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Tuesday, September 23, 2014
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Published: Friday, 8/1/2014 - Updated: 1 month ago

COMMENTARY

Group offers visionary way to fight gangs

BY KEITH C. BURRIS
COLUMNIST FOR THE BLADE

Recently I sat down with Toledo police Sgt. Anita Madison. She is a dynamo and an inspiration. She has been a civil servant for 34 years and a Toledo cop for 20. She heads up Toledo Community Initiative to Reduce Violence, an interesting and visionary program to combat gang violence in Toledo.

TCIRV is based on the scholarly and hands-on, in-the-street work of David Kennedy of the John Jay School of Criminal Justice at the City University of New York.

Mr. Kennedy summarizes his experiences and philosophy in a very readable book called Don’t Shoot.

The idea of Don’t Shoot and TCIRV, is a simple one: To get gangs to resolve their differences without gunfire — often-fatal gunfire.

TCIRV does not try to eliminate gangs. Or even dissuade kids from joining gangs. It aims only to reduce gunfire.

Gangs have existed since cities have existed. Shooting someone because he disrespected you by cutting in front of you in line or stepping on your new shoes — that’s recent.

TCIRV tries to disarm and de-escalate with three simple techniques: It targets a population instead of an area — the very small population of the 1 to 5 percent who cause most crime in cities. Second, it confronts possible future offenders directly with the technique of a “call-in.” Most are also past offenders and they usually come to a call-in as a condition of parole. Third, TCIRV involves the community.

When a group is called in, they are faced with three different collections of people.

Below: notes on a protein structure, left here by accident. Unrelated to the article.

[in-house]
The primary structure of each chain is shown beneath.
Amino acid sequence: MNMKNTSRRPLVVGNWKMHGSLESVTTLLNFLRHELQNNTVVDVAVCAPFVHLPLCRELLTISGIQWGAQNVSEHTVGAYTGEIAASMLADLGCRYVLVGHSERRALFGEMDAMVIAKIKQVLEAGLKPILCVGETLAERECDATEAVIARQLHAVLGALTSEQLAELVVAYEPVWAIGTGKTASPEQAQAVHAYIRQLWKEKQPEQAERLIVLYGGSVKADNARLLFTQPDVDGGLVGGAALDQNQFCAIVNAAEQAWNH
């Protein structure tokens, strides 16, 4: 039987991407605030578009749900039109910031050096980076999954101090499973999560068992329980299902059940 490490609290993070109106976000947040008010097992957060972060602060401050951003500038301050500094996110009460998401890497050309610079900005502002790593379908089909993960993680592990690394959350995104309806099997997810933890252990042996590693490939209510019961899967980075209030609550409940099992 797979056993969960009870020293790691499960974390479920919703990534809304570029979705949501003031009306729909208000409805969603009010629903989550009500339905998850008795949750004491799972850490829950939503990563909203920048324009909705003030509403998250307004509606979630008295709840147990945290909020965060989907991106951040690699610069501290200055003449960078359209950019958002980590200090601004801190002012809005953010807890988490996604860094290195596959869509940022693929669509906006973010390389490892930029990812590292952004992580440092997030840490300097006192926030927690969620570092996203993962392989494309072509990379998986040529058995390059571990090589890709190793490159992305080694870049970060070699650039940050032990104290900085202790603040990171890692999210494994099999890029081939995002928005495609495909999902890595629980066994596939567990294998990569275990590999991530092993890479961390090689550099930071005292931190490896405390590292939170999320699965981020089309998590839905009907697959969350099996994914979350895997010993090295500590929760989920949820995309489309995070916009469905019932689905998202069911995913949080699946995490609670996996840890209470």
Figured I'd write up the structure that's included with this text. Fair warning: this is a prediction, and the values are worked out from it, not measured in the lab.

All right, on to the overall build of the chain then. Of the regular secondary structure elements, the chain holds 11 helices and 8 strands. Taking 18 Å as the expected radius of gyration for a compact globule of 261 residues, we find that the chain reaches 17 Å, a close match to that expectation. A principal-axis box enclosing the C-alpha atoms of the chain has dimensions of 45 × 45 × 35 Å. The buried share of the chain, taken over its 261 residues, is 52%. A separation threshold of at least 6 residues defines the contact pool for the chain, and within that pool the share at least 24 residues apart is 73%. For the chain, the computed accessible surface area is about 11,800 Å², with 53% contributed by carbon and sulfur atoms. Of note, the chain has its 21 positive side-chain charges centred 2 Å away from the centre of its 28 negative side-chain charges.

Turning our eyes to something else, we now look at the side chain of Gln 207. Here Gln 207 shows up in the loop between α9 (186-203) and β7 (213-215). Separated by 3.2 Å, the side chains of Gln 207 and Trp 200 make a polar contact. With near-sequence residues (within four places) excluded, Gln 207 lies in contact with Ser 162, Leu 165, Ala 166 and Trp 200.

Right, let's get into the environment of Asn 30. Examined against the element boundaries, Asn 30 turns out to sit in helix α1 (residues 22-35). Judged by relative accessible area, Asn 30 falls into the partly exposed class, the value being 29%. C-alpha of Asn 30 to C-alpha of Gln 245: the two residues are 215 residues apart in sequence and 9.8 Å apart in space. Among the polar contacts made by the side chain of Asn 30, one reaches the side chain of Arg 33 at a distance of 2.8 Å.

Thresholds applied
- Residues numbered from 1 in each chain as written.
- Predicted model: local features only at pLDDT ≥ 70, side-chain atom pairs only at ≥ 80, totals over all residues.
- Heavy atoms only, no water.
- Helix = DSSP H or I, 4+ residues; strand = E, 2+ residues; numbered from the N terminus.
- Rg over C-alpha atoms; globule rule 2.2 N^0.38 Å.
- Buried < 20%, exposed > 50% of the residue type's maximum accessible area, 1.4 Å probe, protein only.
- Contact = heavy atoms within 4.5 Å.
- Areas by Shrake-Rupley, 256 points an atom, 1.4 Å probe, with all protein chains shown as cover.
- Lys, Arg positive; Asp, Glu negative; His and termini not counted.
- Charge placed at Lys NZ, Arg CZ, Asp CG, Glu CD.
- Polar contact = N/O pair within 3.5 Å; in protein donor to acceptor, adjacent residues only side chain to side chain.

The first is the police, who say, “We are watching you.” They tell, even show, possible criminal offenders what they have on them. They tell them they have the power to put them in jail now. They say this will happen unless behavior changes.

Next, those called in are confronted with a social services team. They say: “What do you need?” Maybe it is job interviews; maybe a drug counseling and rehabilitation program; maybe tattoo removal. Social-service caseworkers try to help the person who wants to turn his life around get what he needs to do it.

Finally, the people called in are confronted by the community — grandmothers of young men shot dead, girlfriends, fathers, and neighbors. They tell of their loss and what it did to them and loved ones. And they say: “We need for you to stop.”

How many people who are called in truly respond? A relative few. But that’s a few who willingly lower their weapons. Fewer people die.

Mr. Kennedy and Sergeant Madison readily admit that the Don’t Shoot approach doesn’t get rid of all urban violence. Domestic violence, our biggest local killer, is a whole different set of problems requiring wholly different remedies. But this approach has worked in many cities, and Sergeant Madison thinks it is helping here.

Sergeant Madison says the community point is key and the police component the least important. Violent young people, she says, will listen to a member of their community before they listen to a police officer.

TCIRV is one way to try to reduce gun violence in our city. It is not the only way — but it is one good tool.

Keith C. Burris is a columnist for The Blade.

Contact him at: kburris@theblade.com or 419-724-6266.



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